Accompanying the September 11 attacks was an unprecedented demand for visual information that the media has more than accommodated. Whether it was the crippling demand for online information that morning, or the current mass media spoon-feeding of security, war and anthrax, it is apparent the attacks have caused a craving for images previously unheard of. The result: we continue to experience this tragedy in a visual way our society has never experienced before.
Images of death and loss parade in front of us, and we remember them not only in words or in stories, but in personally chosen pictures. They serve a purpose: to make us never forget that day, to make us remember it in our own individual ways.
A few dozen years ago, this would have not been possible given the lack of control individuals had over what they viewed. Television, the only medium capable of delivering images en masse, fed viewers with little choice or decision on their part. Today, we browse through hypertext-linked documents, wandering through Web sites others create. In effect, the Web is a giant art gallery whose rooms you can travel between instantly, with each room housing different images of suffering, destruction and hope.
For those who now travel to New York, seeing ground zero is a heavier, but necessary, part of the tour. Tourists and mourners alike line up for photographs of blue sky--pictures they take to their friends and family to show where the towers once stood. Not too far from the World Trade Center is another store where thousands of images are being collected, scanned and sold to raise money for a special Children's Aid Society fund. The online exhibit, which can be viewed at www.hereisnewyork.org, shows thousands of images captured before, during and after the towers collapsed. The site is set up so you can click any particular thumbnail that catches your attention. It is just one means of seeking a personalized experience of September 11.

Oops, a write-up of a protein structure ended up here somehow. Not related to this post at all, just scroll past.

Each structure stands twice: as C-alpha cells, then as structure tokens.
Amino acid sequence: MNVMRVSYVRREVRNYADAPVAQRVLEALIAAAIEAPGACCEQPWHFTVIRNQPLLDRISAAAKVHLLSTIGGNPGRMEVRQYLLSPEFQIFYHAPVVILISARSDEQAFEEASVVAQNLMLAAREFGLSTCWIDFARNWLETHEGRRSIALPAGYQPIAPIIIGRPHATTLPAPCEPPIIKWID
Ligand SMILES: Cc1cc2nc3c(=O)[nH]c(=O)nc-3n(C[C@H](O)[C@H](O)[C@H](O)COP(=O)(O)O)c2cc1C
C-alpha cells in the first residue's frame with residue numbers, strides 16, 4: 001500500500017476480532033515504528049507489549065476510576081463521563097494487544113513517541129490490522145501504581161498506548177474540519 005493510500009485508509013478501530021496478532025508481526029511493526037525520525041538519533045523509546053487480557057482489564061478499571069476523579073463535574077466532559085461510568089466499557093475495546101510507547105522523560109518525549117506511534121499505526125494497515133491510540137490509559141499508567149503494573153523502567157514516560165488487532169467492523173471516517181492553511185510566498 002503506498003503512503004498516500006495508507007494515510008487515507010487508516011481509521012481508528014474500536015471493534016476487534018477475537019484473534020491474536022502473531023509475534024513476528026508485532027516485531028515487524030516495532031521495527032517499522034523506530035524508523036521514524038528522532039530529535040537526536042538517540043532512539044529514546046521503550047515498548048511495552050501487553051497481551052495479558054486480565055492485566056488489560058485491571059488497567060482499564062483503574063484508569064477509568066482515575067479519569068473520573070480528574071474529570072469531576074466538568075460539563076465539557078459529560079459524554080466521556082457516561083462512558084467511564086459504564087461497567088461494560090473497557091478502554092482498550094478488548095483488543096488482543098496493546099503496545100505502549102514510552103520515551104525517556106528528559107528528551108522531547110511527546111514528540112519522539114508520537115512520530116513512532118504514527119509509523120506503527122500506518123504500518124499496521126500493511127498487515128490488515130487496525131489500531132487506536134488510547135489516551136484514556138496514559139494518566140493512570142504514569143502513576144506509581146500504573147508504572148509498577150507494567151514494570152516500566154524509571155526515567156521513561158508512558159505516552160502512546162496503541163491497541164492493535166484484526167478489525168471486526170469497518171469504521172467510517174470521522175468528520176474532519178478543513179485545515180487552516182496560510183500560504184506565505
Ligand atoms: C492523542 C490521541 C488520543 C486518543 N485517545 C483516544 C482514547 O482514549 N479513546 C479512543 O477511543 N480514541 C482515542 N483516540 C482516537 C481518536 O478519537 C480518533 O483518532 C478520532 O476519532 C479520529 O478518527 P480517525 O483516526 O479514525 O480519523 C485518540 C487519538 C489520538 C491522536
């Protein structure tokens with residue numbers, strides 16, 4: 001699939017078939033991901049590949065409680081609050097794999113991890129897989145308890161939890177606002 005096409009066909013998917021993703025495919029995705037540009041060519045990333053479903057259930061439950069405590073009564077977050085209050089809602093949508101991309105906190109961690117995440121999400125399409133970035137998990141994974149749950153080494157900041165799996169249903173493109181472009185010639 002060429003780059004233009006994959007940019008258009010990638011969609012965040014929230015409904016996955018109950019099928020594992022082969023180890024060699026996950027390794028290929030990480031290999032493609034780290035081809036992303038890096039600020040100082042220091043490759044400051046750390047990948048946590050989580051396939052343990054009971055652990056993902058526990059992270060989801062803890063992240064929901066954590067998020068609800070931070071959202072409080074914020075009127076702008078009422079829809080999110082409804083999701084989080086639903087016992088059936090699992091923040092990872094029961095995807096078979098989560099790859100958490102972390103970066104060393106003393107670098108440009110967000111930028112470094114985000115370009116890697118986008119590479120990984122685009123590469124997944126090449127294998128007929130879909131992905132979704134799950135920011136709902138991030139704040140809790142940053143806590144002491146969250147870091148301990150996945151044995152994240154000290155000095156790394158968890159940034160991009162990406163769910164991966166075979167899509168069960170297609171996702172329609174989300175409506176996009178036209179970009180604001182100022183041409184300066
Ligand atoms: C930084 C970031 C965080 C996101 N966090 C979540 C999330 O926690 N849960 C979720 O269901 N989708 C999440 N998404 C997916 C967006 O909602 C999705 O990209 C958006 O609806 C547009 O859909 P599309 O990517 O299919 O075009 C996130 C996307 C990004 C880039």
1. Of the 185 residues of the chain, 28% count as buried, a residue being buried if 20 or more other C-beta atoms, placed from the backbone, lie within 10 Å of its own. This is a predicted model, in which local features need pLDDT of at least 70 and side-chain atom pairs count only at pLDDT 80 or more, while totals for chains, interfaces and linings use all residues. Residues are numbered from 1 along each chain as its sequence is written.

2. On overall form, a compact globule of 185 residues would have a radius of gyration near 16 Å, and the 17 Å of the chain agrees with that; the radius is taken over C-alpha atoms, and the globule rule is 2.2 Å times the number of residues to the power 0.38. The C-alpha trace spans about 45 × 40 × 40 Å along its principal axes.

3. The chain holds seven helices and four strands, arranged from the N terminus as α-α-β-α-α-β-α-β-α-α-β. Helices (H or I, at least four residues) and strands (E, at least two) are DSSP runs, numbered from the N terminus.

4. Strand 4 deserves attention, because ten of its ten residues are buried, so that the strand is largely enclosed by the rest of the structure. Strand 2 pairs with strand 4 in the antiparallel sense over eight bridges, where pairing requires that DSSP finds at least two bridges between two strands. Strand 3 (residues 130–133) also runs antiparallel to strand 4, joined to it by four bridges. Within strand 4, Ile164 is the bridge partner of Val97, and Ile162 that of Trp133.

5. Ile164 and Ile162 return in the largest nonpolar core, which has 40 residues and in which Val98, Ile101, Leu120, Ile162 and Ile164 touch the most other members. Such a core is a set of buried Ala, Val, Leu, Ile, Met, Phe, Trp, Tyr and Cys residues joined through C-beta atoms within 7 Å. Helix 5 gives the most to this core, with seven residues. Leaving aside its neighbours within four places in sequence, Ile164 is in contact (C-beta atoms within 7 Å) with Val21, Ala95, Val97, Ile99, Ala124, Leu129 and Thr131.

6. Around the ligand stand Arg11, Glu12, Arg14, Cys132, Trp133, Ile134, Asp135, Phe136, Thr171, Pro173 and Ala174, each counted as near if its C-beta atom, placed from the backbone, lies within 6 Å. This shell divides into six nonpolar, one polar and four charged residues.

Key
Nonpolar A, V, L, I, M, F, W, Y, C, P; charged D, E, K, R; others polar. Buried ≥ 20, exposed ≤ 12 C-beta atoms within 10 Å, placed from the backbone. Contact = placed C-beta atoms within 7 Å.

One particularly striking aerial photograph shows the towers piercing a plane of clouds on an overcast day--the only buildings in New York tall enough to break through the flat cloudy sea. From below, the towers would have extended through the ceiling of an indoor room. From above, it is apparent they transcend the urbanization below.
The exhibit survives on the donation of thousands of images that are in turn sold for $25 per print. People crave the images, visual representations of the attacks from hundreds of different perspectives.
The exhibit isn't like the low quality online Gamma Press video that showed the first plane crashing into the north tower. Professional and amateur images are displayed side by side, and convey much more emotion than any disembodied video ever could.
As more and more images of September 11 accumulate, we risk becoming desensitized to everything. However, this is not likely to happen this time around, as we are choosing the images we want through a medium that has demonstrated its fluidity more than ever since the attacks. Memories are no longer just mass-produced TV reels. They are exercises of solitary choices. They are what we want to see.